Ireland, is famed for its luscious green
terrain split up by rocky mountains and rolling hills. The saying goes in Ireland that
you can tell the difference between summer and winter by measuring the
temperature of the rain- so by this you can gauge that rain is a dominant
feature and there isn’t a lot of temperature variation across the country.
The weather is mild but changeable and rain
can be expected at any time of the year. Parts of the country are oceanic, and
as you move further away from the coast the conditions become slightly more
temperature- however the prevailing factor across the whole country is that few
temperature extremes are experienced.
Ireland is affected by the North Atlantic Drift, so this has a moderating
affect on the climate and keeps winter in Ireland warmer than places of
similar latitudes. Its northerly location, however, means that summers never
get particular hot either. The climate is generally fairly typical of an
insular climate and is moderated by the moist winds that blow across the
island, these winds prevail from the south west, off the Atlantic,
and can reach particular high speeds at times of the year.
On the whole the west coast is much wetter than the east coast, so this should dispel
common belief that Dublin is the wettest city in
Lying on the east coast, Dublin
sees almost half as much rainfall as parts of the west coast.
Coast of island is prone to the full force of storms which form over the Atlantic, and this is particularly common in late Autumn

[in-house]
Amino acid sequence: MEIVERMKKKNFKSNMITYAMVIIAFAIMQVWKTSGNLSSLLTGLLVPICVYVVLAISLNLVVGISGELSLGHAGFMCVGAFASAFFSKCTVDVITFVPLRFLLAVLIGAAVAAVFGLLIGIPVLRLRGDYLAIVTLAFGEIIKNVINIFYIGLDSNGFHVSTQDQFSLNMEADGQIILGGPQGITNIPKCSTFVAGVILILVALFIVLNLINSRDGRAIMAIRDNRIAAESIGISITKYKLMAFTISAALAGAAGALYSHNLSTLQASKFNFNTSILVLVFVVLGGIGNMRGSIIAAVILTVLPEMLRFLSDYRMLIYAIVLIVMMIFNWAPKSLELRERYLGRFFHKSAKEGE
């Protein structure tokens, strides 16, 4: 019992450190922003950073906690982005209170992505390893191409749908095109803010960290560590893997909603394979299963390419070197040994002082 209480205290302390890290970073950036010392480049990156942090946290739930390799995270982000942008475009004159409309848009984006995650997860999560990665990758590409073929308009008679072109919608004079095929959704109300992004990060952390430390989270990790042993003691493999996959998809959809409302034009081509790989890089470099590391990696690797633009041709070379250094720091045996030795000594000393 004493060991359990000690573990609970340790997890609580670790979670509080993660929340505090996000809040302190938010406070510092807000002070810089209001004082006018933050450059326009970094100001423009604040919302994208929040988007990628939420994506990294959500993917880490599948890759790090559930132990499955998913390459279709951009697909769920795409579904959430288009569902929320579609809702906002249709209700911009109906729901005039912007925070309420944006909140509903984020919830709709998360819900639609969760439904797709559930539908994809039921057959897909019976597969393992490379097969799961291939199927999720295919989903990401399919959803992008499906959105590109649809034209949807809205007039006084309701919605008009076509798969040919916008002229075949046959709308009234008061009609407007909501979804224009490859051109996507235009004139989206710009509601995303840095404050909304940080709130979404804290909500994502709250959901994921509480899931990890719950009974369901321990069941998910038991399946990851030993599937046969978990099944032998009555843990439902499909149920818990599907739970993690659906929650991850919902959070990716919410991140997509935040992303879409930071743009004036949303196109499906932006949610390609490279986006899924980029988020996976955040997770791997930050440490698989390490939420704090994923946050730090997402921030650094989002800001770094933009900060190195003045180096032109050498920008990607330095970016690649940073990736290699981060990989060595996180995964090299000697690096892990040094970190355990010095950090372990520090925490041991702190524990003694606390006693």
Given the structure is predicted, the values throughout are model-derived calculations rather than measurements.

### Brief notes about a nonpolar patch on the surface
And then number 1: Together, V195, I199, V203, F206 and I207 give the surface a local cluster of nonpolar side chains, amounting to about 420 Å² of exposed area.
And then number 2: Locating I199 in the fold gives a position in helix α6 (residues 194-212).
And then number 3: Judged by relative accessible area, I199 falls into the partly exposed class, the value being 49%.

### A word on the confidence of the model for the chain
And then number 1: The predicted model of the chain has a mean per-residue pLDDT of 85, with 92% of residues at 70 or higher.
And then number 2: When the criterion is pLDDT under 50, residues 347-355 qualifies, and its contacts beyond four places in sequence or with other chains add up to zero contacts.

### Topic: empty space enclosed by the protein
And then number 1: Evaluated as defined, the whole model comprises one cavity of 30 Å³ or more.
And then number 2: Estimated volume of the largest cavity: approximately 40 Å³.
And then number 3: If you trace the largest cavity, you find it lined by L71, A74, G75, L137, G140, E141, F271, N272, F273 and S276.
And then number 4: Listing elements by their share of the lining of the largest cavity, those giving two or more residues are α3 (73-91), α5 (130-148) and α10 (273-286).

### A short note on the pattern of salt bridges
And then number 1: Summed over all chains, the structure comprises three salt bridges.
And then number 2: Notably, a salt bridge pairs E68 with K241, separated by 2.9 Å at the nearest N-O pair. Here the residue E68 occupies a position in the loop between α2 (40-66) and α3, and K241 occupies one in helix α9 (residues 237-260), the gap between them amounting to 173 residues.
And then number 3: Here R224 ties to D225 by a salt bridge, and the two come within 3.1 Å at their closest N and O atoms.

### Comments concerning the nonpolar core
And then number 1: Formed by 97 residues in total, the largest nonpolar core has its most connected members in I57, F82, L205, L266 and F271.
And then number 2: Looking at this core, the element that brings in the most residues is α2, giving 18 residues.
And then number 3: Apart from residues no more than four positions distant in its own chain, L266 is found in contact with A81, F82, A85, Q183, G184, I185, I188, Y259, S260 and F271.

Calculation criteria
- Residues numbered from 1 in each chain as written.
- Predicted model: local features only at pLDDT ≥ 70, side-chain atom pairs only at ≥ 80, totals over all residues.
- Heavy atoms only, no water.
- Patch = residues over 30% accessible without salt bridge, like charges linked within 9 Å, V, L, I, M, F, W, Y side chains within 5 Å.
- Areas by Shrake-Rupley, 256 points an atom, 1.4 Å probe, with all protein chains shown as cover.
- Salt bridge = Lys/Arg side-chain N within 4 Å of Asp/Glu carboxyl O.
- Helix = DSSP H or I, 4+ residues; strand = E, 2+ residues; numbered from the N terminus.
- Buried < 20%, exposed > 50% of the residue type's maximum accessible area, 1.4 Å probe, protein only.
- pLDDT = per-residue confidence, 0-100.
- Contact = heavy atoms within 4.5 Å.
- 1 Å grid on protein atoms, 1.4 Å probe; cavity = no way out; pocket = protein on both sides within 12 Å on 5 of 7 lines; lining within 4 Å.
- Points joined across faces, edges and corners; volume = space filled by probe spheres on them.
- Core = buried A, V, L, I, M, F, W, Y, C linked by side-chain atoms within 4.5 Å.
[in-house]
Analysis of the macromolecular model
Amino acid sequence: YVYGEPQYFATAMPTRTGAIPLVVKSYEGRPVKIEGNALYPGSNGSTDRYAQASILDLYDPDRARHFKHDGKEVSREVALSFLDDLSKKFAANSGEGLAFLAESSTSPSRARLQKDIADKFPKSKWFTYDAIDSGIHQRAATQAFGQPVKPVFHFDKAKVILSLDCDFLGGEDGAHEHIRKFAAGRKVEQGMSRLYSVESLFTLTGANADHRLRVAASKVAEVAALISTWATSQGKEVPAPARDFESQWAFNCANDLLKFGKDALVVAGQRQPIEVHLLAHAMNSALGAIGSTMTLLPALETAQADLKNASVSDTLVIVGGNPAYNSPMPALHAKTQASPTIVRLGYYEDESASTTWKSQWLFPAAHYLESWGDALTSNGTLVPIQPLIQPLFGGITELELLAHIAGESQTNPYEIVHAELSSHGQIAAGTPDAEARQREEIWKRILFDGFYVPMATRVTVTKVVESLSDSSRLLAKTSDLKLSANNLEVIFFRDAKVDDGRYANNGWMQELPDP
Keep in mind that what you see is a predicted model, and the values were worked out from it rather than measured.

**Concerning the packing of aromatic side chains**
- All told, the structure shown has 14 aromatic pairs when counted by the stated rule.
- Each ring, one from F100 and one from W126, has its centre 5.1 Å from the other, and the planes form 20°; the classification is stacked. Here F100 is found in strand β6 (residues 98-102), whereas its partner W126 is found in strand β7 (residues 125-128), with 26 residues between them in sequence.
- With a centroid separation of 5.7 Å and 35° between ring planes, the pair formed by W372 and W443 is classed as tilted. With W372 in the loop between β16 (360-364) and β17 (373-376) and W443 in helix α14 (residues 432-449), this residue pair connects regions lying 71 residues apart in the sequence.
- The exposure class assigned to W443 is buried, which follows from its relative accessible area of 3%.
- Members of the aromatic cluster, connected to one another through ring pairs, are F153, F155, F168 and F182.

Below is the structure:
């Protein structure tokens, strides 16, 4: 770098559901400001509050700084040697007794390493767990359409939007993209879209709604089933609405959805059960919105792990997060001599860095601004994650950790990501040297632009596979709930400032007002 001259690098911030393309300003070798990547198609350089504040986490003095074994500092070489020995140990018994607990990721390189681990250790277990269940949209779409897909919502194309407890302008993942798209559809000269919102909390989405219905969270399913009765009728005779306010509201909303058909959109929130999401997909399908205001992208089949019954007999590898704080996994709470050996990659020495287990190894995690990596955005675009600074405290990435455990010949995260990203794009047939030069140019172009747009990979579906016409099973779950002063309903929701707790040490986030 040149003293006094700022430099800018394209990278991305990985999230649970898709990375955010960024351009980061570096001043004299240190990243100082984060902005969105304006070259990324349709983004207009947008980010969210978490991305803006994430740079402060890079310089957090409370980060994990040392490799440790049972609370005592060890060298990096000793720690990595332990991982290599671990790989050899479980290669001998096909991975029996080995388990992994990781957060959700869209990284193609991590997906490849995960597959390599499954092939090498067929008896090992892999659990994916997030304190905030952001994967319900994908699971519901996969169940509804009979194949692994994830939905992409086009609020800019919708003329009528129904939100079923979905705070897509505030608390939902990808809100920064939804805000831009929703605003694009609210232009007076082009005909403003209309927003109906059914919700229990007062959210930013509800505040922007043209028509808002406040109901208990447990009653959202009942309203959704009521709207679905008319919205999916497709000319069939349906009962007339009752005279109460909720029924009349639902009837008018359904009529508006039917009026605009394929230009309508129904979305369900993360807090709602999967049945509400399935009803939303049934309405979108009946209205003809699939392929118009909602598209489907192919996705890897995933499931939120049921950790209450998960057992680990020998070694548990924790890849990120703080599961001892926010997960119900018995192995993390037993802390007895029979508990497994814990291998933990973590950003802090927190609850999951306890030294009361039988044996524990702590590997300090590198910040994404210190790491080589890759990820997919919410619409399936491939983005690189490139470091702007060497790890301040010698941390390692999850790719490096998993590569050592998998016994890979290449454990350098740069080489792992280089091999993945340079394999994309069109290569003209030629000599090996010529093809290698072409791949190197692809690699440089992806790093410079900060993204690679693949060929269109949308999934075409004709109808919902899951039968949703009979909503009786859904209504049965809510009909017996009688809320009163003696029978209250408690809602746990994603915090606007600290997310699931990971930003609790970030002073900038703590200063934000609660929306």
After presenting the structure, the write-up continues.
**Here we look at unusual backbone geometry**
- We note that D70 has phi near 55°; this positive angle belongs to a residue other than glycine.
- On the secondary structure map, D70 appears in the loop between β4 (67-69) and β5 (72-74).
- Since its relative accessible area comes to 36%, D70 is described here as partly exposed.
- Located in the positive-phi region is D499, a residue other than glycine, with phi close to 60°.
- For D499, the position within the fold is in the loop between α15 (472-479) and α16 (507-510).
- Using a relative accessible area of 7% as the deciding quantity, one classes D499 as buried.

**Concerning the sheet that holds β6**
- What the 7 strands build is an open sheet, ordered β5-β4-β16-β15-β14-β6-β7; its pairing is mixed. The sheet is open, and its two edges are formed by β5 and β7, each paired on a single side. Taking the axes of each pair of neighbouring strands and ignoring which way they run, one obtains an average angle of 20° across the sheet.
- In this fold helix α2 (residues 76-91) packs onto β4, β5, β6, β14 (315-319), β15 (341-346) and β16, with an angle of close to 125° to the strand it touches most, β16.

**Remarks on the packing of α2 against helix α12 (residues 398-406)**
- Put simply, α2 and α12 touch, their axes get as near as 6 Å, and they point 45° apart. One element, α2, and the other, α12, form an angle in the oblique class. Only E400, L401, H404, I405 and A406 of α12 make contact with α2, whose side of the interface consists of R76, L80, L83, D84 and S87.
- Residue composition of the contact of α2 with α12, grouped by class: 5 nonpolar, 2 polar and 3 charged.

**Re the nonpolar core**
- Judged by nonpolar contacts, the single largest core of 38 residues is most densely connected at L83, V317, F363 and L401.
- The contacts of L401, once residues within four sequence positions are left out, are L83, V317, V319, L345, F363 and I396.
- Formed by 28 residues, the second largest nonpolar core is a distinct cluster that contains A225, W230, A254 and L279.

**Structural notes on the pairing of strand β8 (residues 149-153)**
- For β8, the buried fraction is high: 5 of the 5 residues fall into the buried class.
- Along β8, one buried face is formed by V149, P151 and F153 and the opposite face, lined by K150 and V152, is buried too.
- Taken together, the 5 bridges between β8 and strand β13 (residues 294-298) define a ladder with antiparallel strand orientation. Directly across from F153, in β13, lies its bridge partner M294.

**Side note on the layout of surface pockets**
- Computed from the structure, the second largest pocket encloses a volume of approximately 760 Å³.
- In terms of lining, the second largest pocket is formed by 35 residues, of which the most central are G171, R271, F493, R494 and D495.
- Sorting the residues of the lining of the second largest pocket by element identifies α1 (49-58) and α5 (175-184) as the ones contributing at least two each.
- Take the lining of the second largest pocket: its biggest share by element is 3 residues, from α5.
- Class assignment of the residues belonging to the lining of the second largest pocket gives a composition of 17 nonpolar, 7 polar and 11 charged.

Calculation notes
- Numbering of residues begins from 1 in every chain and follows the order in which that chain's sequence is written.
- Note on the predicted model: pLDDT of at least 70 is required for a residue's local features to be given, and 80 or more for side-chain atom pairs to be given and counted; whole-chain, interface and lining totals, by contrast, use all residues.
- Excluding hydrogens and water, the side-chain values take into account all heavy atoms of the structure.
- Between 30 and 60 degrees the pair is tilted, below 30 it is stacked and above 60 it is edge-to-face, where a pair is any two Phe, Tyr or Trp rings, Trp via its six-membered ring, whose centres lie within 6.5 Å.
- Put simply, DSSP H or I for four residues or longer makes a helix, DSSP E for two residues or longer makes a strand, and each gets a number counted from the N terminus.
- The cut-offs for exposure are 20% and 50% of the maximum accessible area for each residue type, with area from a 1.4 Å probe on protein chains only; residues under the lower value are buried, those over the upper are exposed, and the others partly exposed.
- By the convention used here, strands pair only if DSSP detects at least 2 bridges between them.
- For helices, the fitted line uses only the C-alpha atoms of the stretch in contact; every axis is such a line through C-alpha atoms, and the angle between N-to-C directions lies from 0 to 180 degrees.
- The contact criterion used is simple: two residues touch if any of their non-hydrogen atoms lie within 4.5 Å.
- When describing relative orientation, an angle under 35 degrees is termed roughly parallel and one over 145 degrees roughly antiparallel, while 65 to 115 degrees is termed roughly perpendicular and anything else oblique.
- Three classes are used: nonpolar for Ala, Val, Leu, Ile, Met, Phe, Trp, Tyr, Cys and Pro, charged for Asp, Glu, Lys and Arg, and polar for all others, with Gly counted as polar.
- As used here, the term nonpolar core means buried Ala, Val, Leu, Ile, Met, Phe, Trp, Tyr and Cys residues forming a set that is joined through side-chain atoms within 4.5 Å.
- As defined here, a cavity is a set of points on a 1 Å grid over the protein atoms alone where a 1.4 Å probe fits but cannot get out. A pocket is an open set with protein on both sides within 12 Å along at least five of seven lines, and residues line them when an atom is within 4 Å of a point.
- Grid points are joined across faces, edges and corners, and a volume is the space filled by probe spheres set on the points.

and early Winter. Occasionally these storms cause raging destructive winds
which bring hail, heavy rainfall and the odd snowfall. The north and north west of Ireland
see much more snowfall that the south and south west- in fact some parts of
haven’t seen any snowfall since 1991.
See here for average conditions in Cork on the south coast, or here for a general overview of
Inland Ireland gets warmer in the summer
months than the coastal region, though on the flipside it also gets much colder
in the winter. These temperature differences are not that great, with central Ireland only
being a few degrees cooler than the coast. In the centre of the country across
the year will record about 40 days below freezing, however on the coast the
mercury will only fall below 0 degrees on average 10 days per year.
The country is made up of a ring of coastal
mountains, with low lying central plains in the centre. Due to Ireland's
mild climate and significant rainfall this has lead to luscious green terrain
and plentiful vegetation which makes for very scenic and pleasant landscapes,
which has lead to the island being called the ‘Emerald Isle.’ Home to rolling
hills, mountainous rocky areas and dramatic green vistas, Ireland is a picturesque place to
visit any time of the year.
Dublin is the capital of Ireland
and sits upon the east coast where it is sheltered from the heavy storms that
the Atlantic coast is subject to. The climate in Dublin is a maritime, temperate climate that
(like the rest of the country) lacks major temperature extremes and has cool
summers and mild winters. Although popular belief leads many tourists to
believe that Dublin is a very rainy city, it in
fact sees fewer days of rain, on average, than London.
The average maximum temperature in January,
the midst of winter, is about 8 degrees while July sees average maximums of
about 20 degrees. From May to June will see Dublin basking in the most hours of
uninterrupted sunlight as this is when the sky will be the clearest and before
the more overcast weather sits in. Because of its northerly latitude, in the